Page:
It was 3am. Bolt upright in bed, I was gasping for breath, my heart pounding. Another night-time panic attack. This was followed by yet another 14-hour workday and a bottle of wine to help wash away the anxiety. It had taken my boss a matter of months to reduce me to this – but it took me much longer to recognise it as bullying.
I was not your obvious victim. I was confident and experienced when I started at my old company, but that is precisely what made me a target. My boss perceived me as a threat. The better I did, the worse it got. Going to work every day was like being repeatedly mugged. She undermined me constantly, rejected my work and continually came up with new and inventive ways to set me up for failure.
Assuming it was somehow all my fault, I turned to her for guidance. This opened up an endless loop of criticism and "advice", which appeared solicitous but led to tripwires and dead ends.
Blindsided and with my confidence in tatters, I turned to a friend in the industry and asked her to review my work. Had I simply lost it? She assured me that my work was not the issue – my boss was.
Eventually, I saw only one option. I put all my efforts into finding another job, landed a couple of offers and resigned. The day I handed in my notice was the day the bullying stopped. Just before I left, my colleagues confided in me that they had seen what was going on but felt powerless to step in. Turns out I was not her first victim; she had form. She was a serial abuser and it wasn’t long before she targeted someone else.
Nearly a third of people in the UK are bullied at work, according to a poll. Women are more likely to be victims than men and the highest prevalence of workplace bullying is among 40- to 59-year-olds. As the statistics show, bullying at work is often left unchallenged. Bullies are master manipulators and can hide in plain sight. People in the workplace often see what’s going on, but are afraid to point it out; easier to ignore it or, worse still, become a crony of the bully. And so the victim feels guilty and isolated. Their mental and physical health suffers and, along with it, their performance. The bully wins.
Who pays the price here? Putting aside the often devastating impact on the victim, bullying is bad for business. Bullies chew up valuable talent and spit it out. They reduce productivity and suppress creativity. Bullying results in higher absenteeism and employee turnover, as well as increased recruitment and retraining costs. It decreases engagement, damages the company’s image and can end up in lawsuits and legal costs. All of which directly hits the bottom line. So companies cannot afford to ignore this.
I now work at Rapp, a company that embraces individuality and where diversity, inclusion and mental health are top of the agenda. Employees are encouraged to share their experiences and insights, stand up for others and speak out when needed. There are also regular visits from mental-health experts who provide one-to-one counselling on matters both professional and personal.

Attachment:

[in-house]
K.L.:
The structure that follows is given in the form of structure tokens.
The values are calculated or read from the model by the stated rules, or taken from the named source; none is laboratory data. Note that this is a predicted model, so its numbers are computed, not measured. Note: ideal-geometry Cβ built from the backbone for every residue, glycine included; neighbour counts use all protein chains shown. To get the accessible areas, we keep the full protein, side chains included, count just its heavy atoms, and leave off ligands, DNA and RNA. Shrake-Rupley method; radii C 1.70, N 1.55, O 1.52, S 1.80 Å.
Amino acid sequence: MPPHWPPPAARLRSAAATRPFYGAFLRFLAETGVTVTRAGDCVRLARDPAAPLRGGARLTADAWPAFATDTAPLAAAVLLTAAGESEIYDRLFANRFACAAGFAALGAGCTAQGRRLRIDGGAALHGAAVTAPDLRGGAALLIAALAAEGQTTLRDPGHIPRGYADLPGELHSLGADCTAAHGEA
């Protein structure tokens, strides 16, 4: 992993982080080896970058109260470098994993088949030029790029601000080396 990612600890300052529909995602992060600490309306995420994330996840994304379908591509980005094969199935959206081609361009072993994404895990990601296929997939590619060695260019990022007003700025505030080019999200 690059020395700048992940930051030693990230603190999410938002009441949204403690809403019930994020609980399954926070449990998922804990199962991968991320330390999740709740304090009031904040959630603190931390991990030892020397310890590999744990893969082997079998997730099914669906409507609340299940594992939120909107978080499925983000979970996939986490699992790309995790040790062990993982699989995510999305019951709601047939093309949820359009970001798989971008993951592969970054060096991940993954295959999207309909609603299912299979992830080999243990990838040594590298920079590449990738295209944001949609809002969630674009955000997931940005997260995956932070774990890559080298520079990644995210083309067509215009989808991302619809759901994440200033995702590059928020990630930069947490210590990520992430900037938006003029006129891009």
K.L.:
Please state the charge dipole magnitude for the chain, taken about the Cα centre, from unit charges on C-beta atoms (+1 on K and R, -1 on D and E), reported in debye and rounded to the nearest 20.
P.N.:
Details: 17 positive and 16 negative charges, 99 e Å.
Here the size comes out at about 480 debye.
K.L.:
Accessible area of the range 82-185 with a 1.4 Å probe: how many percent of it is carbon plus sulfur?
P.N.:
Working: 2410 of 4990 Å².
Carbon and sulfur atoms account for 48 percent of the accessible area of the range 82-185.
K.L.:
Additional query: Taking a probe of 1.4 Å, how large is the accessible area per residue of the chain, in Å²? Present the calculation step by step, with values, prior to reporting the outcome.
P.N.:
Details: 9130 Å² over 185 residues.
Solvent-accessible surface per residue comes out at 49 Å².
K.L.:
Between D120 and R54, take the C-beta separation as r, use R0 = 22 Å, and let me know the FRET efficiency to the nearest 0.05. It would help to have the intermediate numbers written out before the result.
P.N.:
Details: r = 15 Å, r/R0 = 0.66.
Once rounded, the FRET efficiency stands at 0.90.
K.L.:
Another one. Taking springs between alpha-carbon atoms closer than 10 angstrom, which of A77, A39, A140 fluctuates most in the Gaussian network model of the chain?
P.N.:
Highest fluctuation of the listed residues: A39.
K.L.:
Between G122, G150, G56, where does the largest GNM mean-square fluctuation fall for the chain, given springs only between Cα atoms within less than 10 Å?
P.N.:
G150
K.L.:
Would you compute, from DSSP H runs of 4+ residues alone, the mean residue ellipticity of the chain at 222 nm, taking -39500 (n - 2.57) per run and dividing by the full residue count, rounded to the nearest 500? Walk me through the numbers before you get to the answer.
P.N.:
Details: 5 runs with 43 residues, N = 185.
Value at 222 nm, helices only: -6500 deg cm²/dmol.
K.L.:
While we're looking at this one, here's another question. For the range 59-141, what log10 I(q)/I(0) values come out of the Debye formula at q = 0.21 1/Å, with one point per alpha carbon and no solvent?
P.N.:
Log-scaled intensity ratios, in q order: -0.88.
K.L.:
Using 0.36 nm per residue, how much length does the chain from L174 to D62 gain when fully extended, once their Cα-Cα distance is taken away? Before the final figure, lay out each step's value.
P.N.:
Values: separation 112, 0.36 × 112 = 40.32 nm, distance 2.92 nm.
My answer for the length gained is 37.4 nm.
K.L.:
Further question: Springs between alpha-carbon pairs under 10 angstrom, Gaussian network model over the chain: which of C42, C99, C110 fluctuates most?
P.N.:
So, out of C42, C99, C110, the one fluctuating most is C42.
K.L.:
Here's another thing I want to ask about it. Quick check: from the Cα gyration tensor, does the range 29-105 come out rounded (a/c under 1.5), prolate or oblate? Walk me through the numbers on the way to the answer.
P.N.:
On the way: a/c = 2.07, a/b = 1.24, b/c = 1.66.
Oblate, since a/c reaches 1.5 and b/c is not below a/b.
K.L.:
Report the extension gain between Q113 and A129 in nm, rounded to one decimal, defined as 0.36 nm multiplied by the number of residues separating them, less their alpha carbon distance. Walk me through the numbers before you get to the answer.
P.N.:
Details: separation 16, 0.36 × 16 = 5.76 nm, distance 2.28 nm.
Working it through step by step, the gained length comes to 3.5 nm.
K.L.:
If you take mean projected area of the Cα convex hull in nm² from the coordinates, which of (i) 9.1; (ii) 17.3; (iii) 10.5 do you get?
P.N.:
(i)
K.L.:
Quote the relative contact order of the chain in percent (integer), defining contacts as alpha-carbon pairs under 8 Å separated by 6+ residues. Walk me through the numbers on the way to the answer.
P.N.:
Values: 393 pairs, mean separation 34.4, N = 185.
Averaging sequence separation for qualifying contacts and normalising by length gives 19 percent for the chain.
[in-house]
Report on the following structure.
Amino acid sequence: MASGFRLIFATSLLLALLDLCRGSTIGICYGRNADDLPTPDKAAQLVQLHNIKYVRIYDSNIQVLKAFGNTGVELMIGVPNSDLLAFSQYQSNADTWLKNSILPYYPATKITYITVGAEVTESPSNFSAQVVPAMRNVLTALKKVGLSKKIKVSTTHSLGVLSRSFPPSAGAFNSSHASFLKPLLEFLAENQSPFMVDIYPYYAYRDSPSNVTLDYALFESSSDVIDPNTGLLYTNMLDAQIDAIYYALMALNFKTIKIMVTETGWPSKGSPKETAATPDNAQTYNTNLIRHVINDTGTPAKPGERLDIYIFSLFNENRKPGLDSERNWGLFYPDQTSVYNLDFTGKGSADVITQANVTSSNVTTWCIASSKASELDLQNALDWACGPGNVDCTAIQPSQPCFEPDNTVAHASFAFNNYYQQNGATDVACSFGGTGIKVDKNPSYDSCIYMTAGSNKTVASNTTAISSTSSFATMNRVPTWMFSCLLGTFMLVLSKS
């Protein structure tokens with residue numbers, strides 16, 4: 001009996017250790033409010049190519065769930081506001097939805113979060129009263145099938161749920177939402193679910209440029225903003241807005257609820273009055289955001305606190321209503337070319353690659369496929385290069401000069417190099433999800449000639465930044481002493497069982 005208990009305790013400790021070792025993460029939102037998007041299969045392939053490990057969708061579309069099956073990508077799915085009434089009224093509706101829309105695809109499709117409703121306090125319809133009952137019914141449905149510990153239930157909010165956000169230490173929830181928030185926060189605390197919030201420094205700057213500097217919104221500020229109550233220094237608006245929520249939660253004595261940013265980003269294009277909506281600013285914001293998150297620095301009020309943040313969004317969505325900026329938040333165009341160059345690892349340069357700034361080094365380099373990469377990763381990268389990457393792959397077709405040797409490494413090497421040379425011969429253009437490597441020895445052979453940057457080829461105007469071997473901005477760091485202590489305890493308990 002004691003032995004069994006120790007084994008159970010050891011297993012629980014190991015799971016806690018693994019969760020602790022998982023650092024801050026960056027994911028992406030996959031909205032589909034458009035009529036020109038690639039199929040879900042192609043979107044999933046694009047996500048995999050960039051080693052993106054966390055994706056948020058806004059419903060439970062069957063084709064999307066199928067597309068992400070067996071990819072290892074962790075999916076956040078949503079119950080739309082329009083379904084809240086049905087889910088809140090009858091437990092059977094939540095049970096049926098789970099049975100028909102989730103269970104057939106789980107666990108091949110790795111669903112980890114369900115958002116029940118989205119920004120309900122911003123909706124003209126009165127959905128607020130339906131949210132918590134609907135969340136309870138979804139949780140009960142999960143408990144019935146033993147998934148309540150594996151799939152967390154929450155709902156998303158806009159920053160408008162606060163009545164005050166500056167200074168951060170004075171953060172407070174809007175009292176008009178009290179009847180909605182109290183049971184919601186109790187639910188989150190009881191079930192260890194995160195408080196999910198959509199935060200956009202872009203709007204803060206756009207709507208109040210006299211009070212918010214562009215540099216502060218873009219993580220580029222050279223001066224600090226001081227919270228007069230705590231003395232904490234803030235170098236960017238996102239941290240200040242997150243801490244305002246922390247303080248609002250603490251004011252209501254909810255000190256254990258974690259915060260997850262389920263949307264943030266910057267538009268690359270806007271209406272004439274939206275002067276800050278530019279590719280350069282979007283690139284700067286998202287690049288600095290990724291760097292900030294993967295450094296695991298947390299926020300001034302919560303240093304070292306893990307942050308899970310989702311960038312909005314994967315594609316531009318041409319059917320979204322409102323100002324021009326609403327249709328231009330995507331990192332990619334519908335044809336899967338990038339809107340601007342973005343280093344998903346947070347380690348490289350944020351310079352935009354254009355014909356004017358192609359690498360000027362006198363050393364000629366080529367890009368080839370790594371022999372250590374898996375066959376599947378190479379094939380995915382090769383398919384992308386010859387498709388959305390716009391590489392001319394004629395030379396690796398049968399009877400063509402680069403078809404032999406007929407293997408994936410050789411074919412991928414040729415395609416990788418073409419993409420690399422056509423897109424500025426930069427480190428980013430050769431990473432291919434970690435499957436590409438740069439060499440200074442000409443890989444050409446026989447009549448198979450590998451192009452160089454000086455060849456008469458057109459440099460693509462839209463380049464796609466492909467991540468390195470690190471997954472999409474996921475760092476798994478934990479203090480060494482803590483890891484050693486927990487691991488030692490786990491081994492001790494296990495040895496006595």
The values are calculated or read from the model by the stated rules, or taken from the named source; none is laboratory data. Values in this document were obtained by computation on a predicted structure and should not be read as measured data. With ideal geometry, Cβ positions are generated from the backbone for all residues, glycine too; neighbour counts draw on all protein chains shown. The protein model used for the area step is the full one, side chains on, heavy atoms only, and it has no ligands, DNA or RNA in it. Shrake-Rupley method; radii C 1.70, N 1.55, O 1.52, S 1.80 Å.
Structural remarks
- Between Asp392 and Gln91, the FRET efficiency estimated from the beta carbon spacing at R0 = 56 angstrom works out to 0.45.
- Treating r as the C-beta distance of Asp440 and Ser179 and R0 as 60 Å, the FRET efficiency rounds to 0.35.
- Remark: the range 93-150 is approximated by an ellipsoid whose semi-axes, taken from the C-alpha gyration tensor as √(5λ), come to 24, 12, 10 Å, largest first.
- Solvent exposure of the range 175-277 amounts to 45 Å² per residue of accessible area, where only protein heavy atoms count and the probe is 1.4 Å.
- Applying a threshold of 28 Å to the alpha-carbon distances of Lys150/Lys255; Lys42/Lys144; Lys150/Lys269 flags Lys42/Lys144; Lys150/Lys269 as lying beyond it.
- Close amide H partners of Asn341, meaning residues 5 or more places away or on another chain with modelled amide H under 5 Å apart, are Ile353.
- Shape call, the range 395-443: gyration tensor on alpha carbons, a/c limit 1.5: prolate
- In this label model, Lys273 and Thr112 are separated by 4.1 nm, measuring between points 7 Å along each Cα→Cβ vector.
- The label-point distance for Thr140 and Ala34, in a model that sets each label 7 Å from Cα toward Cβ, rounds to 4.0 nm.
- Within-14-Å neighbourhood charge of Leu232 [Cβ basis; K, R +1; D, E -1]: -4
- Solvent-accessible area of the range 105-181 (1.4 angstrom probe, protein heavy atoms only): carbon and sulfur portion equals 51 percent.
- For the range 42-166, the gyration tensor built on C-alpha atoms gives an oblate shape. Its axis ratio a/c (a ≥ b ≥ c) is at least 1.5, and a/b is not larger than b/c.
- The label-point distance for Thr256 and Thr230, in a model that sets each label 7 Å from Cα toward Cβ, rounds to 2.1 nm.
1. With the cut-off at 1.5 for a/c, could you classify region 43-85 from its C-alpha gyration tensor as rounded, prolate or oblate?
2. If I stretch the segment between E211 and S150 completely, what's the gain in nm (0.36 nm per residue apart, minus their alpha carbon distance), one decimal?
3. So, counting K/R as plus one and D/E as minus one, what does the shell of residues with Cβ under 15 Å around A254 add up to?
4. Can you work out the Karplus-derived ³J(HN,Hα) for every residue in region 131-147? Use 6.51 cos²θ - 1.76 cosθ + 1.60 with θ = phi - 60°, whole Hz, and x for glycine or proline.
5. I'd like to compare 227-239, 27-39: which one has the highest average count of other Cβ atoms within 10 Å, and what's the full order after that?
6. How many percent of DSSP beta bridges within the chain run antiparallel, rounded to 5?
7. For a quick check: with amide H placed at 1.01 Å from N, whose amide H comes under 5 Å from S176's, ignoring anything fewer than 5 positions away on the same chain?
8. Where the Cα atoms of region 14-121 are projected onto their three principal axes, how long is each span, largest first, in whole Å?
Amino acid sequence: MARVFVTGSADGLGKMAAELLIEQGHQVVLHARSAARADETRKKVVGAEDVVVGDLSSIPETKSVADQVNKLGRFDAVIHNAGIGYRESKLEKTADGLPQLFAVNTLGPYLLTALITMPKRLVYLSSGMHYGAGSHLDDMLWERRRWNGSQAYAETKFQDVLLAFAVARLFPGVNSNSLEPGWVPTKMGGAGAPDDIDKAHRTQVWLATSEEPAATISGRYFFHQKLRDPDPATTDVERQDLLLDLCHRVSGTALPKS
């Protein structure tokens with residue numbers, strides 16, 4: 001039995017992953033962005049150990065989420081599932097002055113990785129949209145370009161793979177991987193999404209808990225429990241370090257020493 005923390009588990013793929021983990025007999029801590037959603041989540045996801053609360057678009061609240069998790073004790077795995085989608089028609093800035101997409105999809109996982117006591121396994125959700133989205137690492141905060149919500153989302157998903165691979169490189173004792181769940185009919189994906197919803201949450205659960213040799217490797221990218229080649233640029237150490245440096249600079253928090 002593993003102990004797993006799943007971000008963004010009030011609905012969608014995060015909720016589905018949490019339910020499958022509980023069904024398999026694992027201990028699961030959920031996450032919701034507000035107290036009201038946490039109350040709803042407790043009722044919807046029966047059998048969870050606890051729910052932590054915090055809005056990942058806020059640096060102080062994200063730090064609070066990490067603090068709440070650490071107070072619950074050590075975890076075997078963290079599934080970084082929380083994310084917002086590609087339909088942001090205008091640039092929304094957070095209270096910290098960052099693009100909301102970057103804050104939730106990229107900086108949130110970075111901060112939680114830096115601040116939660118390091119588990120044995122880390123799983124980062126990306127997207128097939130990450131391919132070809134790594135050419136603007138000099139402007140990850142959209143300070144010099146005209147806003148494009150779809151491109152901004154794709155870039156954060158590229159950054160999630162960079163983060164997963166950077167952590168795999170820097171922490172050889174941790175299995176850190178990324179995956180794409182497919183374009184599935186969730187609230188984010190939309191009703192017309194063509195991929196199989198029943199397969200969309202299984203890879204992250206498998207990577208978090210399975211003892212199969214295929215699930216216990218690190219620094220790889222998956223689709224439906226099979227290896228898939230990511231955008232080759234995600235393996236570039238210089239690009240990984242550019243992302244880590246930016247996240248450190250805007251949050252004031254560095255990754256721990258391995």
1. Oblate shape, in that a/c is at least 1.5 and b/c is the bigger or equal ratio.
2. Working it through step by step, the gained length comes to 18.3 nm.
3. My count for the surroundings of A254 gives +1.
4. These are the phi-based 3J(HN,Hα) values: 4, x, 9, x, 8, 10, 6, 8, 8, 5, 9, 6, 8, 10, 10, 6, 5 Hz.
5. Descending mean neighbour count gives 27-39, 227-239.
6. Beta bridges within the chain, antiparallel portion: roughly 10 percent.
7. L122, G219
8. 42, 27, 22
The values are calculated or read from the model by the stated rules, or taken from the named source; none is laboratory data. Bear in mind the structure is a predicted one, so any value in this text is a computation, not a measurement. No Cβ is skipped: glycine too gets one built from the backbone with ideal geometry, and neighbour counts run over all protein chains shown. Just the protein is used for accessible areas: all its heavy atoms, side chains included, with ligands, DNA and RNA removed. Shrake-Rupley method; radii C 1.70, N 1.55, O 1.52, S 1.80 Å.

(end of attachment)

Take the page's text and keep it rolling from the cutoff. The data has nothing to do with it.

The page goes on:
My own experience with bullying took several years to come to terms with. I wrestled with battered confidence and a mistrust of colleagues. But while it derailed me from my then career path, it led me into a new field that I’m extremely passionate about – talent development. In a competitive business landscape, employers need to hire, retain and continuously upskill the very best talent and this can’t be achieved in a climate of fear.
Business leaders cannot afford to look the other way when a bullying culture takes hold in the workplace. It will drain away your talent and ultimately damage your business.
If you’re being bullied at work, here’s my advice:
- Find out more about your company’s policies on bullying, values and workplace behaviour. These should be upheld at every level across the organisation. If not, then HR and senior leadership need to hear about it.
- If you’re not able to talk to HR or someone senior, you may have access to an employee assistance programme or a union, or try talking to Citizens Advice.
- If your bully is a client, escalating it to the attention of the most senior client relationship can help to address bad behaviour. Any agency worth its salt will be keen to protect its employees and stop abuse of power.
- A symptom of bullying is self-doubt. Am I overreacting? Did I deserve it? Keep a detailed note of any incident of harassment: the date, time, place, who was involved, what happened, how it made you feel and the names of any witnesses.
- Talk to someone. Don’t try to deal with it alone. It could be a colleague, a friend or a family member. Talking about it will help clear your head and get another perspective, and may help you find more confidence to defend yourself.
- Lastly, if you just can’t see a way out, take back control by exploring other options. Leaving is not failure; sometimes it’s self-preservation.
Claire Rogerson is senior talent development partner at Rapp UK